Attempts to perform thermal unfolding experiments were not successful due to decreased protein solubility at elevated temperature.
NMR spectra were collected on a 600 MHz Bruker DRX spectrometer at 298 K. Samples were prepared with a protein concentration of 1 mM in 50 mM potassium phosphate buffer (pH 6.5) with 50 mM potassium chloride, 10% (v/v) D2O, and 1 mM DSS, maleic acid, sodium azide and protease inhibitor (Roche). For NTD-(SH)2 samples, 10 mM DTT was added.
1H-15N HSQC experiments were recorded using Echo/Antiecho-TPPI gradient selection. Backbone assignments of NTD-S2 were obtained using standard 3D triple resonance CBCACONH and HNCA experiments collected on 15N-13C-labeled NTD. Backbone resonance assignments for NTD-(SH)2 have previously been determined (19). Backbone chemical shift assignments for NTD-S2 have been deposited in the BioMagResBank with accession number 16265.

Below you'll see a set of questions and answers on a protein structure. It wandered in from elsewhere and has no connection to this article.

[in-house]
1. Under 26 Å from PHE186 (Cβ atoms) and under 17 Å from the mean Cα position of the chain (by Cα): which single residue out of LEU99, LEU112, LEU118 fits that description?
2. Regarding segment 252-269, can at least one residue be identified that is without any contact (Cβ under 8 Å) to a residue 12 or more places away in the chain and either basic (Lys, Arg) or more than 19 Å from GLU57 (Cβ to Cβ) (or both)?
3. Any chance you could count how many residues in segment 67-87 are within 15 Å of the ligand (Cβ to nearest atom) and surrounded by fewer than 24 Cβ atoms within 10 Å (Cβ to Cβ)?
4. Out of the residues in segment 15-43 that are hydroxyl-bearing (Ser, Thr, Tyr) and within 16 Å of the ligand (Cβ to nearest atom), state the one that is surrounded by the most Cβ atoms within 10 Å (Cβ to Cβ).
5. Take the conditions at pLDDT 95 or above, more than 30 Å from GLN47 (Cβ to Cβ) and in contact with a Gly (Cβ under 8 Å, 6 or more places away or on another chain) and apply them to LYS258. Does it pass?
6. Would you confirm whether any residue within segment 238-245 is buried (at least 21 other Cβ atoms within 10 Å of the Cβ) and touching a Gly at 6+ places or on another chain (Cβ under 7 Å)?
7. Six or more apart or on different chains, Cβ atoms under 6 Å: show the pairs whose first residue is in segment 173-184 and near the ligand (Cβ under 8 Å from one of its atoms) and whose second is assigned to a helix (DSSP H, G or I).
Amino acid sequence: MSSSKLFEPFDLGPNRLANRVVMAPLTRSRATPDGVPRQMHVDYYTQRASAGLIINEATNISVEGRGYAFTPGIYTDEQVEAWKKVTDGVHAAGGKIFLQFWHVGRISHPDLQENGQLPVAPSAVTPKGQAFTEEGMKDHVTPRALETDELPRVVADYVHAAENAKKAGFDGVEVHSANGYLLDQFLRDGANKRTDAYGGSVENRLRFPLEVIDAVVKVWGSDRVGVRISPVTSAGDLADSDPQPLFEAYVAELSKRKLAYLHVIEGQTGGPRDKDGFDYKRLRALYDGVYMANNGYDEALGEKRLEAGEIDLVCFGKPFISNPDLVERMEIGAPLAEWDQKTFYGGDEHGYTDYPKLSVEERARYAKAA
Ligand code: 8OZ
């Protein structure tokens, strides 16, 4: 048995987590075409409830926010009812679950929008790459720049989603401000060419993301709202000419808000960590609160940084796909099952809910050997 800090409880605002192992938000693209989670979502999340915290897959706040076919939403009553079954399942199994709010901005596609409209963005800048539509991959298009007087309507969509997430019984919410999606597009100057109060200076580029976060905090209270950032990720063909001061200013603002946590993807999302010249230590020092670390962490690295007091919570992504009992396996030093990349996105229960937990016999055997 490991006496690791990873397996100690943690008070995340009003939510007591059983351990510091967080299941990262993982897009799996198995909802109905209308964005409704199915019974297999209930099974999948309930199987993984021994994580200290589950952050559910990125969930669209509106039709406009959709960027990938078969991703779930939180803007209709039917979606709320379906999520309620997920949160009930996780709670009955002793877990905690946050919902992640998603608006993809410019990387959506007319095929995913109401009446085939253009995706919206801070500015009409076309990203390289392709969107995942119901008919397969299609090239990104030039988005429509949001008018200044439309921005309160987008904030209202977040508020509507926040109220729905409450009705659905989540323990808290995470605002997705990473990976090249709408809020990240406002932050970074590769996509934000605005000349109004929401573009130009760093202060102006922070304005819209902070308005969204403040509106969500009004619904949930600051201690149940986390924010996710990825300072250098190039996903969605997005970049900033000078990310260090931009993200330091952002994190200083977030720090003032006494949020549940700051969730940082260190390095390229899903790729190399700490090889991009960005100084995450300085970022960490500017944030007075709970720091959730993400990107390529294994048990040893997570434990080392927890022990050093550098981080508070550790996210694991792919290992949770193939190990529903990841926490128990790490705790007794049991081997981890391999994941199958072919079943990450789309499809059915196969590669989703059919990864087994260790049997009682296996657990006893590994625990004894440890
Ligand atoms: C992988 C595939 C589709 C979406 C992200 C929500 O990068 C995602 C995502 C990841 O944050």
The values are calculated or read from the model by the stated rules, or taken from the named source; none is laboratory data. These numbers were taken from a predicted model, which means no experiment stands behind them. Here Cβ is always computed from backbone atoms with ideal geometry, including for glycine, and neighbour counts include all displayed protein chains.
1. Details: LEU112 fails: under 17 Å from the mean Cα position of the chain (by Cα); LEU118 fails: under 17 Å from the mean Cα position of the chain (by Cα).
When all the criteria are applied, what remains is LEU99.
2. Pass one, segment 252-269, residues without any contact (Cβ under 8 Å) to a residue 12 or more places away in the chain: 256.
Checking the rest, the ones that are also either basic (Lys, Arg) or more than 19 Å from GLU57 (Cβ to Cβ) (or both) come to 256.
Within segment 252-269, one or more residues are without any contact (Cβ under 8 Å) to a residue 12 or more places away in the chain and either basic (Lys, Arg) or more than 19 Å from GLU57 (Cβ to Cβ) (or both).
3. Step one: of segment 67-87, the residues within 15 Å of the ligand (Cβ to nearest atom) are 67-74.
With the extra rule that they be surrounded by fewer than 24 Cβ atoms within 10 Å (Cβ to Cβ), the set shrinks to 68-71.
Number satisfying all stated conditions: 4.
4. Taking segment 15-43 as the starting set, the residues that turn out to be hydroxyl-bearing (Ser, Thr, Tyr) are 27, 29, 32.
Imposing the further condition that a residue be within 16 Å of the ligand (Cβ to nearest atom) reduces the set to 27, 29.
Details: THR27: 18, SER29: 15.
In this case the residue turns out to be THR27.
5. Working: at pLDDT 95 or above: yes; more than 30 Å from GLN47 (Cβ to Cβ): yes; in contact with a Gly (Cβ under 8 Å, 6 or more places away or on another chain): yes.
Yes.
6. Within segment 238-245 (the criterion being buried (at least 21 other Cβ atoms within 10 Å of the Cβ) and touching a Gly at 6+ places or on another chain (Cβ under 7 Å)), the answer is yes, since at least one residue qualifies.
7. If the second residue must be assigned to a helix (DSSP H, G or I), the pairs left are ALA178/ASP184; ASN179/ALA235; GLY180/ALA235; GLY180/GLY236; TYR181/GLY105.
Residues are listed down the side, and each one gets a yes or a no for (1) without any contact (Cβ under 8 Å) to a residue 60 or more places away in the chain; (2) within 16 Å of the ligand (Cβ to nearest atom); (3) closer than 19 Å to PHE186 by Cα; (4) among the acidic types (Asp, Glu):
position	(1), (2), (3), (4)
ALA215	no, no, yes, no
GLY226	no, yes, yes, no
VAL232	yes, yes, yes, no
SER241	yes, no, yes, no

Backbone amide relaxation parameters (15N R1, R2 and steady-state 1H-15N heteronuclear NOE) were measured using pulse sequences described by Farrow et al. (20). The R1 experiments were recorded with relaxation delay times of 50 (2x), 100 (2x), 250, 500, 1000, 2000 and 3000 ms, and the R2 relaxation data were acquired using relaxation delays of 20, 35, 48 (2x), 65, 80, 100 ms. Duplicate measurements (marked with “2x”) were used to verify experimental error. Steady-state heteronuclear NOE experiments were recorded in the presence and absence of amide proton saturation. Spectra with proton saturation utilized a 3 s period of saturation and an additional delay of 1.5 s.
NMR spectra were processed using NMRPipe (21) and analyzed with Burrow Owl (19). The change in 1H-15N HSQC chemical shifts (Δ N-H) between NTD-S2 and NTD-(SH)2 was determined using the equation ΔN-H = [(Δ1H)2 + (Δ15N)2]½ after multiplying the 1H chemical shift by 6.2 (fractional difference in 15N:1H spectral widths) to eliminate 15N chemical shift bias (22).